United States President Joe Biden has deferred through June 30, 2024, the removal of any Liberian national who is present in the United States.
Through a Memorandum on Extending and Expanding Eligibility for Deferred Enforced Departure for Liberians addressed to the Secretary of State and the Secretary of Homeland Security, Mr. Biden said this decision is in the foreign policy interests of the United States.
“Providing protection from removal and work authorization to these Liberians, for whom we have long authorized TPS or DED in the United States, including while they complete the LRIF status-adjustment process, honors the historic close relationship between the United States and Liberia and is in the foreign policy interests of the United States,” said Mr. Biden.
It also covers any Liberian national under the grant of the Deferred Enforced Departure (DED) as of June 30, 2022, or person without nationality who last habitually resided in Liberia, who has been continuously physically present in the United States since May 20, 2017.
“I have also determined that any Liberian national, or person without nationality who last habitually resided in Liberia, who was under a grant of DED as of June 30, 2022, or who has been continuously physically present in the United States since May 20, 2017, should have continued employment authorization through June 30, 2024,” the Memorandum said.
There are compelling foreign policy reasons to extend DED for an additional period for those Liberians presently residing in the United States who were under a grant of DED until June 30, 2022, as well as to defer enforced departure for Liberians who have been continuously present in the United States since May 20, 2017.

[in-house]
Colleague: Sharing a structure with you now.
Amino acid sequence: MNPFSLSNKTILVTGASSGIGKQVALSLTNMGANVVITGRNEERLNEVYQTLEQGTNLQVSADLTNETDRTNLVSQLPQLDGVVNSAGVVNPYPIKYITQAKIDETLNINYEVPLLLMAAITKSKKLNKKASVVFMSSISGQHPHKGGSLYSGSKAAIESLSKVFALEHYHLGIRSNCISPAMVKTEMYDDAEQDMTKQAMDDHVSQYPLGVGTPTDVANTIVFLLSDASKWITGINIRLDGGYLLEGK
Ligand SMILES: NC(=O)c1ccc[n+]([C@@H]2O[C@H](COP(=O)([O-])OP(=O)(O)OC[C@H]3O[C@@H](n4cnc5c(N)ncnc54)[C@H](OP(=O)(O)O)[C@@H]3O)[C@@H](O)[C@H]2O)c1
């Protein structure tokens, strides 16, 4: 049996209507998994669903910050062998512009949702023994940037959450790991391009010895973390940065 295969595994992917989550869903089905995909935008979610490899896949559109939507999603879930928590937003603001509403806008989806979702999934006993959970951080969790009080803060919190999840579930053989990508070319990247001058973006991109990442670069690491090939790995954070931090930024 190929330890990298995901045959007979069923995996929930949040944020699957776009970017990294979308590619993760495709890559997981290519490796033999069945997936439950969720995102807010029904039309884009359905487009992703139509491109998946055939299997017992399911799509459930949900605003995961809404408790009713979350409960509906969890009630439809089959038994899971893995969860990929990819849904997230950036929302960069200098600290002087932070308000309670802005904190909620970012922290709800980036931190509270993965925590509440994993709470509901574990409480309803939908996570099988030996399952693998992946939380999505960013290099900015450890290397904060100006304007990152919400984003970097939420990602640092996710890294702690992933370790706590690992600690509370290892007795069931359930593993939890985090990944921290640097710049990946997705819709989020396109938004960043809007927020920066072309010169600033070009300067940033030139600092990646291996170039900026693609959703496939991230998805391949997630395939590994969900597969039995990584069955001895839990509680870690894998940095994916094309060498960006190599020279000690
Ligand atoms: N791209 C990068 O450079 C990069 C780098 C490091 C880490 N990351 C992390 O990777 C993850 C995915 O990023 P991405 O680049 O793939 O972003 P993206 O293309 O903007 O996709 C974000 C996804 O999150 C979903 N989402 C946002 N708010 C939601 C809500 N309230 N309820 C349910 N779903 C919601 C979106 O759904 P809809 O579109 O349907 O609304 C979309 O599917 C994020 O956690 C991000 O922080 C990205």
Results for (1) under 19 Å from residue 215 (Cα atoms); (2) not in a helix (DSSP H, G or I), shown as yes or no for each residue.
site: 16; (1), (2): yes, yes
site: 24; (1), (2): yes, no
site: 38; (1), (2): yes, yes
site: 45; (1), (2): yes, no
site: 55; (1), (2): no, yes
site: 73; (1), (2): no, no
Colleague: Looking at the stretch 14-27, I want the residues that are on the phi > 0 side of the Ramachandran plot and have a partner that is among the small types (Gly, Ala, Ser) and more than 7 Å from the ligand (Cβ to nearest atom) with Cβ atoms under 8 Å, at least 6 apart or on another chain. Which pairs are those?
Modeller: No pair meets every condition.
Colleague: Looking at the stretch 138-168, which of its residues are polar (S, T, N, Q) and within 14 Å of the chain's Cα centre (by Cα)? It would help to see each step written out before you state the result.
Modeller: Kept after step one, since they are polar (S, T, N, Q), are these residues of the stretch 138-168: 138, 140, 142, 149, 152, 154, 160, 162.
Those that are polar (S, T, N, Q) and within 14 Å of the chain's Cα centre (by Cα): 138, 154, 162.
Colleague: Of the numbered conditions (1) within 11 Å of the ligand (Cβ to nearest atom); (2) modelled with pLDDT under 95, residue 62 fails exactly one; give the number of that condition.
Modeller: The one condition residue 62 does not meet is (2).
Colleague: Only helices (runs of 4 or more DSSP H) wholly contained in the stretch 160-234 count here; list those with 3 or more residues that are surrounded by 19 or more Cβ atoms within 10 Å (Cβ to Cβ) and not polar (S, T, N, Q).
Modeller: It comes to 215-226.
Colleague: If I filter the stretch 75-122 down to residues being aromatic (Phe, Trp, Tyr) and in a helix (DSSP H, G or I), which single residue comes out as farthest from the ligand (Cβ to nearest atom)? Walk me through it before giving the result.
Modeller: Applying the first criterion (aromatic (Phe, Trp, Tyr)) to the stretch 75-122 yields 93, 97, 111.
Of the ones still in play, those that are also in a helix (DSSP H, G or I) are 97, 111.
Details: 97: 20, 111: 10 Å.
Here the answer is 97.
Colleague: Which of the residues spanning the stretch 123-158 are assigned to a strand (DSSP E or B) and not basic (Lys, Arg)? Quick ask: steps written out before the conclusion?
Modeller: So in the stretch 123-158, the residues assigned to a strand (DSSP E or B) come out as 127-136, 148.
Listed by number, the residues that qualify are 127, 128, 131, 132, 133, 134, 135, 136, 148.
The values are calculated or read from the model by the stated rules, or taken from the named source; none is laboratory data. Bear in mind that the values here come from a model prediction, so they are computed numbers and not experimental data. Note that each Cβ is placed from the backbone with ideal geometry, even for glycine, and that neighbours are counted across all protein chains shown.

In addition to updating the continuous presence requirement, I have also determined that it is appropriate to include qualifying Liberians whose LRIF applications have been denied for reasons other than ineligibility under sections 7611(b)(1)(C) and (b)(3) of the NDAA in this DED designation.
In particular, this includes providing protection from removal to those who arrived in the United States during a time when conditions prevented them from returning safely, including through May 20, 2017, and have since established family and community ties in the United States.
Further, President Biden instructs that the Secretary of Homeland Security shall promptly direct the appropriate officials to make provision, by means of a notice published in the Federal Register, for immediate allowance of employment authorization for those Liberians.
He particularly refers to Liberians who held appropriate DED-related employment authorization documents as of June 30, 2022, or those Liberian nationals who have been continuously present in the United States since May 20, 2017.
He said the Secretary of Homeland Security shall also provide for the prompt issuance of new or replacement employment authorization documents in appropriate cases.
“This grant of DED and continued employment authorization shall apply to any Liberian DED beneficiary as of June 30, 2022, or any Liberian national who has been continuously present in the United States since May 20, 2017,” he added.
But he noted that this shall not apply to individuals who would be ineligible for Temporary Protected Status (TPS) for the reasons provided in section 244(c)(2)(B) of the Immigration and Nationality Act, 8 U.S.C. 1254a(c)(2)(B).
Also affected are individuals who sought or seek Lawful Permanent Resident (LPR) status under the Liberian Refugee Immigration Fairness (LRIF) provision but whose applications have been or are denied by the Secretary of Homeland Security due to ineligibility for the LRIF provision under sections 7611(b)(1)(C) and (b)(3) of the National Defense Authorization Act (NDAA).
Individuals whose removal the Secretary of Homeland Security determines is in the interest of the United States, subject to the LRIF provision, are also affected.
And those whose presence or activities in the United States the Secretary of State has reasonable grounds to believe would have potentially serious adverse foreign policy consequences for the United States, and individuals who have voluntarily returned to Liberia or their country of last habitual residence outside the United States for an aggregate period of 180 days or more are affected.